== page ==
Our mom used to mention an Aunt Ruth, her mother’s sister, who lived in Taos, New Mexico, and was an artist. We’d met Ruth on a couple of occasions, she assured us, but we had been so young at the time, we had (and still have) no recollection of those encounters.
But as we grew into adulthood and came to more greatly appreciate creative types—bohemians, as they are sometimes called—we began to wonder about Aunt Ruth and to fervently wish we could at the very least see some of her artwork, which Mom had led us to understand would be paintings.
We did an internet search every few years but never turned anything up, in large part because didn’t know her last name (we assumed she’d been married at some point).
We even included a heavily fictionalized version of Aunt Ruth in one entry in Men My Mother Dated and Other Mostly True Tales, the collection of humorous essays and stories we published some years back. In this particular tale, Ruth and her husband lived not in Taos, but in Amarillo, Texas, where they operated a roadside eatery. The story had it that Mom, feeling restless as her senior year in high school approached, was given permission to spend the summer with Aunt Ruth and work as a waitress in the diner.
As the story progresses, Mom meets Jack Kerouac, who is traveling south from Denver with Neal Cassady to visit William S. Burroughs in Mexico City. A mildly fictionalized account of that trip is found in Kerouac’s novel On the Road, but Mom’s encounter with Kerouac isn’t, of course, mentioned there, since it never happened (except in the pages of our book).
In recent years, we’ve become an avid (if entirely amateur) genealogist, digging gleefully into the various branches of our family tree via ancestry.com and other, similar sites. But only very recently did we make any serious progress in learning more about Aunt Ruth, who was, it turns out, a citizen of some prominence in Taos, so much so that one Mary Alden penned a 1,000-word profile of her for The Taos News that was published on March 4, 1999, nearly a month after Ruth passed away.
From that profile, we learned much more than we’d ever known about Ruth (which was admittedly next to nothing).
The fifth of six children, Ruth was born in Enid, Oklahoma, on January 15, 1912. She demonstrated an affinity for music from an early age, playing cello, violin and piano; she even played with a symphony orchestra for a time when she lived in or near Kansas City.
Ruth was very bright, beginning kindergarten at age 4 and skipping seventh and eight grades to enter high school at the age of 12. She graduated at 16 and shortly thereafter entered her freshman year at the University of Oklahoma.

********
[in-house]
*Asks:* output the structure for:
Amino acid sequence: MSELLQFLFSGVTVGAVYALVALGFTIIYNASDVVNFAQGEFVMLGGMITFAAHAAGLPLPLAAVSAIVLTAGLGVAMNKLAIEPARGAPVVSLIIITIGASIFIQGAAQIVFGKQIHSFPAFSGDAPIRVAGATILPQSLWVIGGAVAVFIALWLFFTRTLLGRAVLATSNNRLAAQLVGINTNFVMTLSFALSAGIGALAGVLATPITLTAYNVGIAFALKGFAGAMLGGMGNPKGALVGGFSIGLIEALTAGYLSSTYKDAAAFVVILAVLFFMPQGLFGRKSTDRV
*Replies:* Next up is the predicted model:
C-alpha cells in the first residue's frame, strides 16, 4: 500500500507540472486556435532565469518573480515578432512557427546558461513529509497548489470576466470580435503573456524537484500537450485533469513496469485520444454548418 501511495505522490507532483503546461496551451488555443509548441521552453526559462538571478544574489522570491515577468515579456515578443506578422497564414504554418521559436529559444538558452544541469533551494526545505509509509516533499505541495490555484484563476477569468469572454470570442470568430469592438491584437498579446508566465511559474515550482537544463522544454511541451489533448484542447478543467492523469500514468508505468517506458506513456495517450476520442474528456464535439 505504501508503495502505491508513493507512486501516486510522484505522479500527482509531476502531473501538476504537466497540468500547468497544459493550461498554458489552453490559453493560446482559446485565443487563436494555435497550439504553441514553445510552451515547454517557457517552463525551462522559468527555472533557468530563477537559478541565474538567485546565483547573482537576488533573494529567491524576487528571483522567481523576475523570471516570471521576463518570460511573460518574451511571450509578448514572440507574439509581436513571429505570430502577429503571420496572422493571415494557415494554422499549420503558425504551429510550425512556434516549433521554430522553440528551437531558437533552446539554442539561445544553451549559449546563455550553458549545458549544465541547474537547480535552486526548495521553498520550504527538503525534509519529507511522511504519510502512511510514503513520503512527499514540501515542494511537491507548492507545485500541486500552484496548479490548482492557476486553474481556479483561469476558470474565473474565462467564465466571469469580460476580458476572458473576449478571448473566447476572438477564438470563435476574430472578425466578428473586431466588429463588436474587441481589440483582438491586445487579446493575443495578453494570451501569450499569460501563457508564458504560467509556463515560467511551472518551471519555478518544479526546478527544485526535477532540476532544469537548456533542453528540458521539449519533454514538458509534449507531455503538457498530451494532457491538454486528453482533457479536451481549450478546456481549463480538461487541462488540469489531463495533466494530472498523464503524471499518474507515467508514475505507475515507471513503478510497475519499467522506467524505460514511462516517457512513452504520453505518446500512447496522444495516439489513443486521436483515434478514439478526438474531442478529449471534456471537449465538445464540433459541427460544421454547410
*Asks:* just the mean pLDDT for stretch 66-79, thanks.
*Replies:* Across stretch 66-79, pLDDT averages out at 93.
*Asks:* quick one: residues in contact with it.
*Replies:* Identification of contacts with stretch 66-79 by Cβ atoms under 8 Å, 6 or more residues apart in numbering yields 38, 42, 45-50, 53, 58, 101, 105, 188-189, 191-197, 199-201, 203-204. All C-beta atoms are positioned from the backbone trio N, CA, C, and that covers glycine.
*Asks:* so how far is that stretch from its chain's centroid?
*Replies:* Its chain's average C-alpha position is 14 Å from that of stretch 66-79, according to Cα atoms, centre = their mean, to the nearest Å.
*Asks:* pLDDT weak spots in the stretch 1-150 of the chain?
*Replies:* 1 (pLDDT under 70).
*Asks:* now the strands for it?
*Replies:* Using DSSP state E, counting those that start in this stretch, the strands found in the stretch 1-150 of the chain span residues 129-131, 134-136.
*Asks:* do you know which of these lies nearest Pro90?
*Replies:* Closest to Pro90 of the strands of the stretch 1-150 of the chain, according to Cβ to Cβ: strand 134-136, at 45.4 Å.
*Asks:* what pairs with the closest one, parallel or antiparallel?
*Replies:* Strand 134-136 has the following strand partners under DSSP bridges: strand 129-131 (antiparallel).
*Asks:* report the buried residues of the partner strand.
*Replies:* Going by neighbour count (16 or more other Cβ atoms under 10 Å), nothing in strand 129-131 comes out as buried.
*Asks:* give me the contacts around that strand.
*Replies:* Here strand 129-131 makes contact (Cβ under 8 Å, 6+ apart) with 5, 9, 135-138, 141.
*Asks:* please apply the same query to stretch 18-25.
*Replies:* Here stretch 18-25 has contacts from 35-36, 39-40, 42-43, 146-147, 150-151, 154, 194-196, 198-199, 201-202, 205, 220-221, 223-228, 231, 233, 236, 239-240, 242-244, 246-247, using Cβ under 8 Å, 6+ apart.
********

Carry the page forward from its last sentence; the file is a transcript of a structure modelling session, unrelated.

During her junior year of college, Ruth met one Thomas Benjamin Hatcher and soon dropped out of school to marry him. They had two sons, but as Ruth, who had become a Quaker (she was raised in a family of Methodists), wrote in her unpublished memoir, “My Southern gentleman husband could not reconcile himself to my being ‘color blind’ and a pacifist, and finally told me at the dinner table one evening that anyone who believed the way I did didn’t deserve a home and children.”
The pair eventually divorced and Ruth continued to pursue her degree. Author and poet Peggy Pond Church, whom Ruth met at a seminar, convinced her that Taos was the place to be, so on May 26, 1943, Ruth and her sons moved there. “For me,” Ruth wrote, “Taos was love at first sight and the only place I’ve ever been homesick for.”
Ruth’s friend, Mary Baca Olguin, told Alden, “Ruth did a lot of community volunteer work. She was always helping the people who needed it the most, and she never wanted pay.”
Olguin was one of many of Ruth’s acquaintances who benefited from Ruth’s expertise as a self-taught nutritionist. “Ruth made it her business to study nutrition, and she helped a lot of people with her knowledge,” said Olguin. “She was a great believer in good eating habits. I got very sick, and it’s because of her that I’m still living.”
Susan Mooney, an artist who lived in Taos in the late 1970s and early ’80s, credited Ruth with saving her life. “I had terrible asthma, and I was taking prescription drugs,” Mooney said. “I told [Ila] I didn’t think I could live much longer, and doctors didn’t know what was the matter with me. Ila told me to talk to Ruth, because she knew a lot about nutrition.
“Ruth changed my diet. A year and a half later I got off the medication, and then I got over asthma and recovered.”
The “Ila” Mooney mentions was painter Ila Mae McAfee, who moved to Taos in 1928 to open the White Horse Studio. Ruth became her personal secretary. McAfee was known for her pueblo paintings and her depictions of horses and other animals as well as Native Americans, ranch scenes and landscapes. She was a WPA artist in the 1930s, painting murals for various post offices in the region, and in 1981 was named Taos Artist of the Year.
Though no mention is made in the story of Ruth being the painter we thought she was, Alden does state that Ruth was a craftsperson who knitted and did tin work and helped to form the Taos Craft Guild. And given that she was friends with poets and painters, it’s clear that at the very least, Ruth ran in artistic circles.
She also was a charter member of the Little Theater in Taos, played in music groups, tutored reading students, helped start a natural food store and later a natural food co-op, Amigos de Salud.
All in all, a life well-lived and definitely an existence that differed noticeably from the lives of her siblings, who lived on farms and small towns in Oklahoma and Kansas and who didn’t, so far as we know, have an artistic impulse between them.